Japanese volcanologists: several nuclear power plants at risk if major eruptions happen

japanese-volcanologists-several-nuclear-power-plants-at-risk-if-major-eruptions-happen

In a survey conducted by Mainichi Shimbun Japanese volcanologists said that several nuclear power plants around the country face dangers from potential large-scale volcanic eruptions. Survey was done by questionnaires distributed to nationwide volcanologists (university professors and associate professors).

50 out of 134 questionnaires were responded to in what is now the first quantitative expertise from the field of volcanology that has focused on possible risks to nuclear power plants from volcanic activity.

Respondents were asked to specify which of the nuclear power plants were at risk from a pyroclastic flow of rock and other fragments in the event of a large-scale volcanic explosion within the plants' maximum 60-year operating life, with multiple responses permitted. The Sendai plant received the highest number of responses at 29, followed by the Tomari plant at 25.

The Tomari plant, as well as the Higashidori Nuclear Power Plant in Aomori Prefecture (18 responses) and the Genkai Nuclear Power Plant in Saga Prefecture (16 responses), were also indicated as being in danger from calderas located along their peripheries. The Ikata Nuclear Power Plant in Ehime Prefecture received 11 responses, and the Onagawa Nuclear Power Plant in Miyagi Prefecture nine — indicating a decrease in risk the farther away that the plants are located from calderas.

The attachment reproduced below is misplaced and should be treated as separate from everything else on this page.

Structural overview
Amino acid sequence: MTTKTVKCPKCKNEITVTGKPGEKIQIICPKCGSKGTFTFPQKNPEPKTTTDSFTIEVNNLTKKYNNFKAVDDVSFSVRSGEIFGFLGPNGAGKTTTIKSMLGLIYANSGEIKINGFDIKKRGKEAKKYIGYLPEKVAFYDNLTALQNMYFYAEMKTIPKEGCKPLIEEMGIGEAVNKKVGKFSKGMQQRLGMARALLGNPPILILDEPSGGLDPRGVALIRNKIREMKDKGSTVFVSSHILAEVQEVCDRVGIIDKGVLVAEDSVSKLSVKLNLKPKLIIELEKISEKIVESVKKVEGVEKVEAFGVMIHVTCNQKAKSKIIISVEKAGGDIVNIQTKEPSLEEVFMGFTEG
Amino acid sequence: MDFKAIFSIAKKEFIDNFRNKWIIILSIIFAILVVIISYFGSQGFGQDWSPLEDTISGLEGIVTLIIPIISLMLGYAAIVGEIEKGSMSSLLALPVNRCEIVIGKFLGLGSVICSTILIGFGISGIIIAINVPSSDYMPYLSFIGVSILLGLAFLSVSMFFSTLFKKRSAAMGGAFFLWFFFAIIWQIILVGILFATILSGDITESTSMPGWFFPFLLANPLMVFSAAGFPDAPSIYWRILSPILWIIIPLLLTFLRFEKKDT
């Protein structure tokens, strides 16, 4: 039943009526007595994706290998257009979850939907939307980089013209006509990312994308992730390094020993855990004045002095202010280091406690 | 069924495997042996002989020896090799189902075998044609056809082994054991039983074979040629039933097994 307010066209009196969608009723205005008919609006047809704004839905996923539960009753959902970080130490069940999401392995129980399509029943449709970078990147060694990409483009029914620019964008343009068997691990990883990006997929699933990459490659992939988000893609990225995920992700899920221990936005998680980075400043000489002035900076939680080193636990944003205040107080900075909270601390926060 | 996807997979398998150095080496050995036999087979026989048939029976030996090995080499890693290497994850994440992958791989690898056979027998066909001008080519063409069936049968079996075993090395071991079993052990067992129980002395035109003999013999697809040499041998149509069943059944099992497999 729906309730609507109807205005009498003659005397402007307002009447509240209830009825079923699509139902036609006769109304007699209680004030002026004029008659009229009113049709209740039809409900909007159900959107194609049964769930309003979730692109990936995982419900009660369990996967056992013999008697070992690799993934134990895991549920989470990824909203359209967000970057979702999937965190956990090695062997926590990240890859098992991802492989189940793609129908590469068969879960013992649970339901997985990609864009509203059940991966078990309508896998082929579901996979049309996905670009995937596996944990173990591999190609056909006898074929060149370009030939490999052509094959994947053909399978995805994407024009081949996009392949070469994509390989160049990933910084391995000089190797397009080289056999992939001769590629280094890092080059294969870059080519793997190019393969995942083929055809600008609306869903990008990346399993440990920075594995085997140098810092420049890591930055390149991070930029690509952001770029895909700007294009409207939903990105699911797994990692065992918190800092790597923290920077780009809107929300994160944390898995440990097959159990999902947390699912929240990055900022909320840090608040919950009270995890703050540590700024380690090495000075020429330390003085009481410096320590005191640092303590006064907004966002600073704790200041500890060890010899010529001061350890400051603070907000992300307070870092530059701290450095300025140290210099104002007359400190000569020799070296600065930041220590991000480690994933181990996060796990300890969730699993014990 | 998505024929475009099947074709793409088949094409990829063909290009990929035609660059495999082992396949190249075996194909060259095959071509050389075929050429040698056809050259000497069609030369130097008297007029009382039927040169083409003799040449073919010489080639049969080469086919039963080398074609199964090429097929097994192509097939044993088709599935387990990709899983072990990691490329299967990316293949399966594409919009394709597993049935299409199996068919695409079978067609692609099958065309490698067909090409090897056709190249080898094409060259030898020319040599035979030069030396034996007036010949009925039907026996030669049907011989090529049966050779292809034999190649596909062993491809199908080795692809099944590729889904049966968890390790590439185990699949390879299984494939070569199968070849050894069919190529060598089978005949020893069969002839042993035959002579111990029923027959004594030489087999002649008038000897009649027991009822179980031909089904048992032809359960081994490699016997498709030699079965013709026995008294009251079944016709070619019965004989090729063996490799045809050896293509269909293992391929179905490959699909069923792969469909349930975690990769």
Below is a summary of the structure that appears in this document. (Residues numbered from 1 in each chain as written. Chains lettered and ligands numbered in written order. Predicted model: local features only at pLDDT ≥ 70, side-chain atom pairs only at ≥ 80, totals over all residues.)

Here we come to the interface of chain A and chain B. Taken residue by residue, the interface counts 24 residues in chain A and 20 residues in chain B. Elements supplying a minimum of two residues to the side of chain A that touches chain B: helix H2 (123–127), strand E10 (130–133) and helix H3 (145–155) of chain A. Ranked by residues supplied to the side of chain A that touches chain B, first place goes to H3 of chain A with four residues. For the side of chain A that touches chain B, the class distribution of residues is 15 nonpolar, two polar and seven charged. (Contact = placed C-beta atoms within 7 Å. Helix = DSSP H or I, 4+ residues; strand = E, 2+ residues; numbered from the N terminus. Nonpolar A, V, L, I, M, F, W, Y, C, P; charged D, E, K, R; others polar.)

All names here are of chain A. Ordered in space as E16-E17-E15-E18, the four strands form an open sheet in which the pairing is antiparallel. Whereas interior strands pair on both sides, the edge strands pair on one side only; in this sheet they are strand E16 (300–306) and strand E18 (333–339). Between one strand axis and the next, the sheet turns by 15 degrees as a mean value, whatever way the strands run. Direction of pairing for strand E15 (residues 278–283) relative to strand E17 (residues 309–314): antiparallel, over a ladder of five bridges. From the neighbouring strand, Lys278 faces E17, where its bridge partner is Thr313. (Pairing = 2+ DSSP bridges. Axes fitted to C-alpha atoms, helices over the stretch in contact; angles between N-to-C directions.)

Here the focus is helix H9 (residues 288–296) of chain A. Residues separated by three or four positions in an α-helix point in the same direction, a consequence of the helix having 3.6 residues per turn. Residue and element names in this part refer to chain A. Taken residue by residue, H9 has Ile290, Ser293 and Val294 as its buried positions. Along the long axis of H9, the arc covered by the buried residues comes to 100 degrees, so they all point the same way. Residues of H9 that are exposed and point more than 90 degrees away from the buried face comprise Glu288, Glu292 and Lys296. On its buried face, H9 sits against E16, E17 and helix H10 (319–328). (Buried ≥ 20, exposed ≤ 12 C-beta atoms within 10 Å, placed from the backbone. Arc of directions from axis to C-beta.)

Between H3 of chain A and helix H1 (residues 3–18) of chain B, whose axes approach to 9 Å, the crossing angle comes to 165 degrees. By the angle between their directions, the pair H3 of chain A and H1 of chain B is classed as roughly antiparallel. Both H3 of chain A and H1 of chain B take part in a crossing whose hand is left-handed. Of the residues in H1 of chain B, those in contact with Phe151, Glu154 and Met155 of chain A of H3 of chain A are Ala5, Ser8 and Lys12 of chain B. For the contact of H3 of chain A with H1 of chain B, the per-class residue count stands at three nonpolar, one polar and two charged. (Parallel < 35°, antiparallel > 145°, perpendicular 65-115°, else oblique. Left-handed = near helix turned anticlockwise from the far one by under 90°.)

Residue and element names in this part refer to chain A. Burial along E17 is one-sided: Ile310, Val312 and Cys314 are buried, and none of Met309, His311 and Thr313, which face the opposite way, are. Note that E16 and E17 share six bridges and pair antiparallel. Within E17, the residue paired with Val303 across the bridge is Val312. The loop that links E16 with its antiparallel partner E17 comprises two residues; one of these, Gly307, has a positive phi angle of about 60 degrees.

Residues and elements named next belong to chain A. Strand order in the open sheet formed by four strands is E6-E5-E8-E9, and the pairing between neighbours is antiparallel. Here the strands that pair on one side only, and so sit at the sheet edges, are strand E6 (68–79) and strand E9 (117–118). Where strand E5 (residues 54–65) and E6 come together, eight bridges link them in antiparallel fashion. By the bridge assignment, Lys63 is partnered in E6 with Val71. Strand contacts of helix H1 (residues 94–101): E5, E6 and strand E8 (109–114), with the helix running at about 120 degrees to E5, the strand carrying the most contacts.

Image credit: USGS

Nuclear power plants in Japan. Image credit: Wikimedia Commons

Multiple volcano experts said the reactivation of Japanese nuclear reactors should be deliberated only after the public has been informed of the risks volcanic explosions pose to nuclear reactors.

Nineteen researchers voiced their opposition to restarting the Sendai nuclear plant. Next on the list were Tomari at 15, Higashidori at 11, Genkai at nine, and Ikata at five.

The likelihood of major eruption within 60 years of nuclear power plants' life is small, but experts point out the risk precisely because there is a chance, however remote it is.

Source: Mainichi

Featured image: sakurajima by http://www.flickr.com/photos/52997533@N08/5660426714

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